Maclean’s – “Call it the Vancouver Virus. The culprit is real estate. Vancouver is increasingly being seen as a no-go zone for top talent. This is very bad. Worse arguably than if house prices crashed.”

‘This little 3 bedroom, 1 bathroom bungalow in Vancouver is priced at $1.5 million. The listing suggests buyers just tear it down and build a new home.’

Excerpts from ‘The real problem with Vancouver’s outrageous house prices’, by Jason Kirby, 1 June 2011

The international media have finally clued in to the wackiness on Canada’s west coast, otherwise known as the Vancouver real estate market. Last month Bloomberg noted that when compared to median household incomes Vancouver homes are more expensive than even New York. The story linked soaring prices to the influx of wealthy buyers from mainland China. Today the Wall Street Journal retraces the exact same material. The warning in both pieces is clear: Vancouver’s housing market has become disconnected from reality and is primed to crash.” …
“Here at Maclean’s we’ve reached the same conclusion several times going back to 2008, and, admittedly, we’ve been proven fully and completely wrong. I still think prices here in Vancouver are nuts, but each day as I walk to work past the high-end coffee shops and panhandlers I see more “For Sale” signs going up, along with plenty of “Sold” stickers, too.”

“The real threat to Vancouver isn’t that the housing market might crash. … Far more insidious is the impact housing unaffordability is having on employers and the broader economy. You hear stories of smart, young people leaving for jobs elsewhere. At the same time smart, young people from elsewhere aren’t coming here for jobs. The price of real estate and cost of living are too high, while pay is simply too low relative to other parts of the country.”

“Vancouver is increasingly being seen as a no-go zone for top talent. This is very bad. Worse arguably than if house prices crashed. As Vancouver develops a reputation as a place where only the uber-rich can afford to buy property, it could seriously undermine the economy. Fewer workers living here and earning good pay means a weaker income tax base for the province (though the city is benefiting from property taxes) not to mention less people with the means to shop, eat out and support local businesses and the arts. In addition, if you don’t have a vibrant and enterprising population, chances are new companies won’t get started. Coupled with the scarcity and high-costs of commercial real estate, more companies are likely to move their head offices away. Earlier this month mining giant BHP Billiton shifted its Canadian head offices from Vancouver, a self-proclaimed global mining capital, to Saskatchewan. Who knows how many businesses decided not to come in the first place.

If the economy is left weakened by departing head offices and a scarcity of talented workers, it will leave Vancouver even more vulnerable to that housing crash when it eventually comes. In economics Dutch Disease refers to countries that are overly dependent on their natural resources at the expense of other industries. Only here the culprit is real estate. Call it the Vancouver Virus.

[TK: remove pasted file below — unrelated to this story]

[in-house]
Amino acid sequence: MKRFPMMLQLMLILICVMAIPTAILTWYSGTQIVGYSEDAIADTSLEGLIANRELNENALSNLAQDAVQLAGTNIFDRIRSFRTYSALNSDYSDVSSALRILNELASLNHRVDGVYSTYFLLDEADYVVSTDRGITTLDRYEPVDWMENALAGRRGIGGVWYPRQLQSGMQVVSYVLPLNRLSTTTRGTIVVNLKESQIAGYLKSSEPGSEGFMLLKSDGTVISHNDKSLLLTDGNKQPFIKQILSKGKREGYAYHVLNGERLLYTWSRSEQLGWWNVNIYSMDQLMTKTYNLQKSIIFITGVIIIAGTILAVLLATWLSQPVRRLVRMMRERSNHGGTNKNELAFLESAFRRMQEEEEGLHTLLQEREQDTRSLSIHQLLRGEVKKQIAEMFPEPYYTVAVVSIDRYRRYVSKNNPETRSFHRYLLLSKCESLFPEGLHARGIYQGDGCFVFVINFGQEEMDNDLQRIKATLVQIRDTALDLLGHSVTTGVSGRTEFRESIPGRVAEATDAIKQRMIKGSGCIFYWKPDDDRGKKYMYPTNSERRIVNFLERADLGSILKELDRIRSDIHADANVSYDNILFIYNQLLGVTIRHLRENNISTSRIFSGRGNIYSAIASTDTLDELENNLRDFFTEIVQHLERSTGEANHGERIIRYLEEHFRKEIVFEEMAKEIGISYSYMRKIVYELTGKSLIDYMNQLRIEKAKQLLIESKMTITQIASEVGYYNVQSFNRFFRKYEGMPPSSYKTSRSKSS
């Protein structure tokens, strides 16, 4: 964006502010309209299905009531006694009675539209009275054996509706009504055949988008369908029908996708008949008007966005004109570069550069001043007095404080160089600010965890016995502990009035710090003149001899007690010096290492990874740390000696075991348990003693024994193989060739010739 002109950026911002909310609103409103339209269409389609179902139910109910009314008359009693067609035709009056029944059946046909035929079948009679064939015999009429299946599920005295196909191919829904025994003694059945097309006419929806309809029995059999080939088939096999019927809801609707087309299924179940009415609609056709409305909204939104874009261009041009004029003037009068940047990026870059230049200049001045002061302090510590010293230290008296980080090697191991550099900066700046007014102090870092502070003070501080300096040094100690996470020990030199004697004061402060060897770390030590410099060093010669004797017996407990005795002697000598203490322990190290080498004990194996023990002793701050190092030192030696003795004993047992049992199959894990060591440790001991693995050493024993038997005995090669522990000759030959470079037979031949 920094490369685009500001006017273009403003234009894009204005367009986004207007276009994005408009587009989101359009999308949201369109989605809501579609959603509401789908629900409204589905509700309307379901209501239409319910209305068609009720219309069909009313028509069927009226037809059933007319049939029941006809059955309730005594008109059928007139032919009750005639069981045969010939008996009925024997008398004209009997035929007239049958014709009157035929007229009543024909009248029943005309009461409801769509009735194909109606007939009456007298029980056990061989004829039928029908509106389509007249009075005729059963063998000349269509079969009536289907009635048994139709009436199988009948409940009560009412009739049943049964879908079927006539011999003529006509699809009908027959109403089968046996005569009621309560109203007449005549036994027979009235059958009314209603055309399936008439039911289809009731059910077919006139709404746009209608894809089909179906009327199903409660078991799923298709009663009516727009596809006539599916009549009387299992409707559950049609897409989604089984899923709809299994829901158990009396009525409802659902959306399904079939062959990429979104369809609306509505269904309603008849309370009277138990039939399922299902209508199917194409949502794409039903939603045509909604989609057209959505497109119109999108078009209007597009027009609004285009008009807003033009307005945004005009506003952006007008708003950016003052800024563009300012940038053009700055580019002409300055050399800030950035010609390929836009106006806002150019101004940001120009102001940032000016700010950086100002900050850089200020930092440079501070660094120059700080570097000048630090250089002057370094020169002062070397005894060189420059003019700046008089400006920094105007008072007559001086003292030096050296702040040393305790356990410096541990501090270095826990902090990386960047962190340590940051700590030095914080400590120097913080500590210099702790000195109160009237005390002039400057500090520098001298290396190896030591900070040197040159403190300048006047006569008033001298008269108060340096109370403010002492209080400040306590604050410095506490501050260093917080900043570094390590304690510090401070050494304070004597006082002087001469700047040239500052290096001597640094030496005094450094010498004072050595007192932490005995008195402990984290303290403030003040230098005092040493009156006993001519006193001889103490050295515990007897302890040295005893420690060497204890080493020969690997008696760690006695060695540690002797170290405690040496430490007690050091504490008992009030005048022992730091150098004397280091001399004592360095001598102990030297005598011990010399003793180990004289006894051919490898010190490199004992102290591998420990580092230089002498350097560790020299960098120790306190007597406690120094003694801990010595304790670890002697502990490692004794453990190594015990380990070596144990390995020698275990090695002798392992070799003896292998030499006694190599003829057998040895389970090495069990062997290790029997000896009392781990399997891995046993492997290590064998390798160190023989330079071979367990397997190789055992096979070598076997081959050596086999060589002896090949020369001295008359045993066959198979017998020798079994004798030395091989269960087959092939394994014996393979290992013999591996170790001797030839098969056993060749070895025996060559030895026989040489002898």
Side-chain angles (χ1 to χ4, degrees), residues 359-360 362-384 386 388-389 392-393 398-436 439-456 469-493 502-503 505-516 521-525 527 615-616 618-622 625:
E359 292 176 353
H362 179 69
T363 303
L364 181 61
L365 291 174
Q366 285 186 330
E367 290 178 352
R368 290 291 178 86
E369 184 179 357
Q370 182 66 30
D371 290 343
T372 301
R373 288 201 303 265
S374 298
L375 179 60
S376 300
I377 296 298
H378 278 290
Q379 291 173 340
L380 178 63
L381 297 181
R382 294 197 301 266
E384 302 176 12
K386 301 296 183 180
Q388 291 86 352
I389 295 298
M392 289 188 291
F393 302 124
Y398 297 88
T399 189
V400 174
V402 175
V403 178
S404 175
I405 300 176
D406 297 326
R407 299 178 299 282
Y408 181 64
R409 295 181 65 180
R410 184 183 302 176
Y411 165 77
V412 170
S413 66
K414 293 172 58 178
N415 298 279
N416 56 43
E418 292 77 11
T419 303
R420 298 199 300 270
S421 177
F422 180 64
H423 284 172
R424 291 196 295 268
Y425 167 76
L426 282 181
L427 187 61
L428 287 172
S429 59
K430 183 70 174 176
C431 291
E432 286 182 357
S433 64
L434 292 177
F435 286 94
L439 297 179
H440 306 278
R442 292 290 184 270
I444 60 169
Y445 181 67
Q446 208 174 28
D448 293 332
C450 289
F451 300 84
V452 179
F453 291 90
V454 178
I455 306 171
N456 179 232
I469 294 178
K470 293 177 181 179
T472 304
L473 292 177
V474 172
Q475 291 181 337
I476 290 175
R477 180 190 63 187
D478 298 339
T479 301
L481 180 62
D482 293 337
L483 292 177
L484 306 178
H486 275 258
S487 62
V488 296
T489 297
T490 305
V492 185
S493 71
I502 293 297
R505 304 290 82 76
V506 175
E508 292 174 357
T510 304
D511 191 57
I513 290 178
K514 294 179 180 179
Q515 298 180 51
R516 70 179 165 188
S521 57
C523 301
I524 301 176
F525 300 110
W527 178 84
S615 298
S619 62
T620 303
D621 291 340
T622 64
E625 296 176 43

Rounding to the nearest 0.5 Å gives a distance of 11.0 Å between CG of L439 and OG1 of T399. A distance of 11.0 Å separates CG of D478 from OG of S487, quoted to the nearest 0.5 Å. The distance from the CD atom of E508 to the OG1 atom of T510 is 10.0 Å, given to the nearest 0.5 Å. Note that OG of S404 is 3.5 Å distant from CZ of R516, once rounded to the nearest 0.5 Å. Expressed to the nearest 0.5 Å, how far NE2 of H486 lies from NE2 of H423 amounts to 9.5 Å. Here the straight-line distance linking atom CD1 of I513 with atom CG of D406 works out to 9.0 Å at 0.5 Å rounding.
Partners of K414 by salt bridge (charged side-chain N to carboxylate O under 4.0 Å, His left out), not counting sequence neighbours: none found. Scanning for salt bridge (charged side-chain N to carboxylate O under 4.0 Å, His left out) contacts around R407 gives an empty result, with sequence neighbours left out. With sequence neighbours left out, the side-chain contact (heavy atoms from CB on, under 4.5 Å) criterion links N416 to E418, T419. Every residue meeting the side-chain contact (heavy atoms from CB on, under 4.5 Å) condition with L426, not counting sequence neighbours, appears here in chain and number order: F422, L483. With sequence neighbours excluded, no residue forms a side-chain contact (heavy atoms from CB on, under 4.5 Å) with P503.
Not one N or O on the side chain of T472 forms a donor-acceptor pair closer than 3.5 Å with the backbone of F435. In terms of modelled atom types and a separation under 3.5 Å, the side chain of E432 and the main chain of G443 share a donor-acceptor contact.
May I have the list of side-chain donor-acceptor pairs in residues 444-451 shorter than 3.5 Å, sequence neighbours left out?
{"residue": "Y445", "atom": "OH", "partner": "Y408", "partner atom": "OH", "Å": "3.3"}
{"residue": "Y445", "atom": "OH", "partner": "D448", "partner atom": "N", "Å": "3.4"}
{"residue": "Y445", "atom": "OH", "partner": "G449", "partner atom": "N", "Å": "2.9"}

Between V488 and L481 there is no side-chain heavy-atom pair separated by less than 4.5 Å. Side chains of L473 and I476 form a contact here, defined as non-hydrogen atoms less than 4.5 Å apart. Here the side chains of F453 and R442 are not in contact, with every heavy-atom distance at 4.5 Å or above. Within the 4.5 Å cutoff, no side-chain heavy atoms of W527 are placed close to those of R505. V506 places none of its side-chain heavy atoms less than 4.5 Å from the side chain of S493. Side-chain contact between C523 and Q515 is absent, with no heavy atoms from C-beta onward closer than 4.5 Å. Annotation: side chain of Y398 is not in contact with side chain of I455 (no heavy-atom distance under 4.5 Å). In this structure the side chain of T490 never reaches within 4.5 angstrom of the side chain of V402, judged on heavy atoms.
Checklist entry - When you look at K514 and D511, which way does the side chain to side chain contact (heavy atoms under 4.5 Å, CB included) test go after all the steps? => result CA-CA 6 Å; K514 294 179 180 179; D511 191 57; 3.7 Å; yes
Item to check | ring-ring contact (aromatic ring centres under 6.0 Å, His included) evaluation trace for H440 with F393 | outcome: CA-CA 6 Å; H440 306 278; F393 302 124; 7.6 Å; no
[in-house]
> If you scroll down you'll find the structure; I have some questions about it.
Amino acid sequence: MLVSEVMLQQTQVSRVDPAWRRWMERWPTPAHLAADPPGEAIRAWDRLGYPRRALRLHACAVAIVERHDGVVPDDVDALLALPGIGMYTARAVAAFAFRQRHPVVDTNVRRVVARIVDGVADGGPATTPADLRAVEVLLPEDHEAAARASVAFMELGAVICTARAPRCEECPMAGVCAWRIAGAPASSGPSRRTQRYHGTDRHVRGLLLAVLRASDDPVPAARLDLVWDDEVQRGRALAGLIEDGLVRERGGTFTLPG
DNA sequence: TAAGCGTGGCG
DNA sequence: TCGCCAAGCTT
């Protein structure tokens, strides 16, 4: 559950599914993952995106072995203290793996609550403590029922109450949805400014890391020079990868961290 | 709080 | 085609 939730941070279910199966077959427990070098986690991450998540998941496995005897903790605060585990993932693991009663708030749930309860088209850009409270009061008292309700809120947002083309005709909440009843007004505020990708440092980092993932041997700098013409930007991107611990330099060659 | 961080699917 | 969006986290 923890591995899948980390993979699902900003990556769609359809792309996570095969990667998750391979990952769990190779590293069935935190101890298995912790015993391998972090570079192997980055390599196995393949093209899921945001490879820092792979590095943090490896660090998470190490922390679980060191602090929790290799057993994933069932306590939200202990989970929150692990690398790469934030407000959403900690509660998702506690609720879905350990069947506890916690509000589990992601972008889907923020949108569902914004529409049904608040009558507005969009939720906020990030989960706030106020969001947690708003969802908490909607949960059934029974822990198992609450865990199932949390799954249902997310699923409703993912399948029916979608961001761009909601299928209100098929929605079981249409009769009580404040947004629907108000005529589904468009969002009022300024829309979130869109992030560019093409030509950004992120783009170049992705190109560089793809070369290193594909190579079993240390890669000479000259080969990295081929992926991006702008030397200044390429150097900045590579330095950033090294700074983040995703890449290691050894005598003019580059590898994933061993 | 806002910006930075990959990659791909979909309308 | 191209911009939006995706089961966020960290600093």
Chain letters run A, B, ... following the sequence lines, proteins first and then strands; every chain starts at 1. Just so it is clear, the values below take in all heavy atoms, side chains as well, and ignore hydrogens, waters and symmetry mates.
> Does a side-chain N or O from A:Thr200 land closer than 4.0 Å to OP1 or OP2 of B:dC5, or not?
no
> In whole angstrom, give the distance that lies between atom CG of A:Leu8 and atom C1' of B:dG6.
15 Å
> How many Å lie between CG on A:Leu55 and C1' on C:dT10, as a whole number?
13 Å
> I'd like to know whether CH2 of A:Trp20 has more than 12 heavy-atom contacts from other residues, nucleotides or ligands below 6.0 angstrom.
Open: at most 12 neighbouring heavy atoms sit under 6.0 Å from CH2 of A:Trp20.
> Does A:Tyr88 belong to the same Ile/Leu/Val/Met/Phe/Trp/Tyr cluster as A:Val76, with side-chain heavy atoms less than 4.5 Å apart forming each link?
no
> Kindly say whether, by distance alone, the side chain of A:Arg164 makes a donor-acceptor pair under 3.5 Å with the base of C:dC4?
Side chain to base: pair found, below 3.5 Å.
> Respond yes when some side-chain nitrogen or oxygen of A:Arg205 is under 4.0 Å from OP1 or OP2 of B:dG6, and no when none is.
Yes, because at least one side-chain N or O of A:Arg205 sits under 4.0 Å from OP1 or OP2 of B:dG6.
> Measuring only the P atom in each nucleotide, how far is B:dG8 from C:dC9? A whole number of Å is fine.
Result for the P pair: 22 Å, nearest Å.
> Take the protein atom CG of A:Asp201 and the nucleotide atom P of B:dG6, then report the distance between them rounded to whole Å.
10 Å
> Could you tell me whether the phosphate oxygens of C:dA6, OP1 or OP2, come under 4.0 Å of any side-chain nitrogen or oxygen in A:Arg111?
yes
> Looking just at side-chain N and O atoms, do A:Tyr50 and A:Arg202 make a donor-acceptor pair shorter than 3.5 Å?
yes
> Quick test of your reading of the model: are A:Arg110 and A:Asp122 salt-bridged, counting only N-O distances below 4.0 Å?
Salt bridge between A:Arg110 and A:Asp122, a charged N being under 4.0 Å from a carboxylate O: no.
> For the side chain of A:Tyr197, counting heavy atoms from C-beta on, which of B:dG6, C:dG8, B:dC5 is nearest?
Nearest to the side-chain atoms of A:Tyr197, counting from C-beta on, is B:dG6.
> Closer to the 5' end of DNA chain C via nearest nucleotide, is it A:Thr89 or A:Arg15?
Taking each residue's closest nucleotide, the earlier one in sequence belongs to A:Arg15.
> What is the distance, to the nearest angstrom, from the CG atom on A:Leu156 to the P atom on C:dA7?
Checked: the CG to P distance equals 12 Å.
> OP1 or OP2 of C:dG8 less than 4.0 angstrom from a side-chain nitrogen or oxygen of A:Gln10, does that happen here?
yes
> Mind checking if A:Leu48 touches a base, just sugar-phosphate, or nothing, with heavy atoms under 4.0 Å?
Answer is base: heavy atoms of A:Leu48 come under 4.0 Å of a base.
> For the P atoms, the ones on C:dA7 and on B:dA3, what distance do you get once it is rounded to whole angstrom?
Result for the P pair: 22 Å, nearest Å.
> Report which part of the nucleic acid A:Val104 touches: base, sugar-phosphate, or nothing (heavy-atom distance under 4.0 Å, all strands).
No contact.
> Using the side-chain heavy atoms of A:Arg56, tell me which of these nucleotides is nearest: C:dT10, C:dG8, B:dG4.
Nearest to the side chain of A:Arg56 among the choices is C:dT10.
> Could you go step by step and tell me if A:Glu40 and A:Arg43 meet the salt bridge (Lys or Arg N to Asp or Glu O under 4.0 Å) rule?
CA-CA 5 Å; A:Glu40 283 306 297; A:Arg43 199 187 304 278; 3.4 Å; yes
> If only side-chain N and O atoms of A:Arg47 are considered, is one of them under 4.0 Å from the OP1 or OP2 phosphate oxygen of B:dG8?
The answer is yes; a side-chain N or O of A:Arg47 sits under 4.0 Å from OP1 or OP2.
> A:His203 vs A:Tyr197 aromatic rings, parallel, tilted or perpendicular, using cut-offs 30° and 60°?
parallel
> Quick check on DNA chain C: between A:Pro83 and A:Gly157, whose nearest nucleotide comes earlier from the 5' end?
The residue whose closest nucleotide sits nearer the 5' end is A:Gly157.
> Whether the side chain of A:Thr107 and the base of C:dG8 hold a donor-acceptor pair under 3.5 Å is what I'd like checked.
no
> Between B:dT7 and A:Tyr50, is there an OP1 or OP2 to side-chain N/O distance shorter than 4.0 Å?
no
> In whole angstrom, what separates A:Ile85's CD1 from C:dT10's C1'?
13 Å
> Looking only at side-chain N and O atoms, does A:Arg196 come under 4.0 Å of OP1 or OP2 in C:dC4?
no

Bingo! -ed.

32 responses to “Maclean’s – “Call it the Vancouver Virus. The culprit is real estate. Vancouver is increasingly being seen as a no-go zone for top talent. This is very bad. Worse arguably than if house prices crashed.”

  1. The Vancouver Virus is like the economic version of Dutch Disease… Resource dollars crowd out manufacturing… Except in Vancouver, Asian money crowds out economic viability, to the exclusion of real estate transactions. As many have observed, an economy cannot consist of people selling other people things and services. That’s the pure definition of a Ponzi scheme and I fear we will see similar results.

  2. “if you don’t have a vibrant and enterprising population, chances are new companies won’t get started.”
    “Vibrant” and “enterprising” in this city means “criminal” and “tax-evader”

  3. Lots of media exposure these last few days. If BC legislature didn’t just go on holiday, I wonder if there would be some harsh questions? Or a quick media war … once hockey is done.

    Or are they all too worried about losing the RE owner votes (and their own property equity)?

  4. Completely agree. I’ve been working in various companies in the software industry and I’m seeing that there is a difference in what I’d get paid here versus elsewhere. The disconnect between income and housing prices is insane, and this is speaking as someone born in the interior whose seen the prices go to crazy levels there (Clearwater BC, house going at $200k circa ’00 to lower mainland). I feel like someone whose in there eighties saying “in my day….” and I’m only in my mid thirties. I remember when the coal harbour condos were just going up and seeing the sell prices at $150 – 200K and the prices they go for now is insane.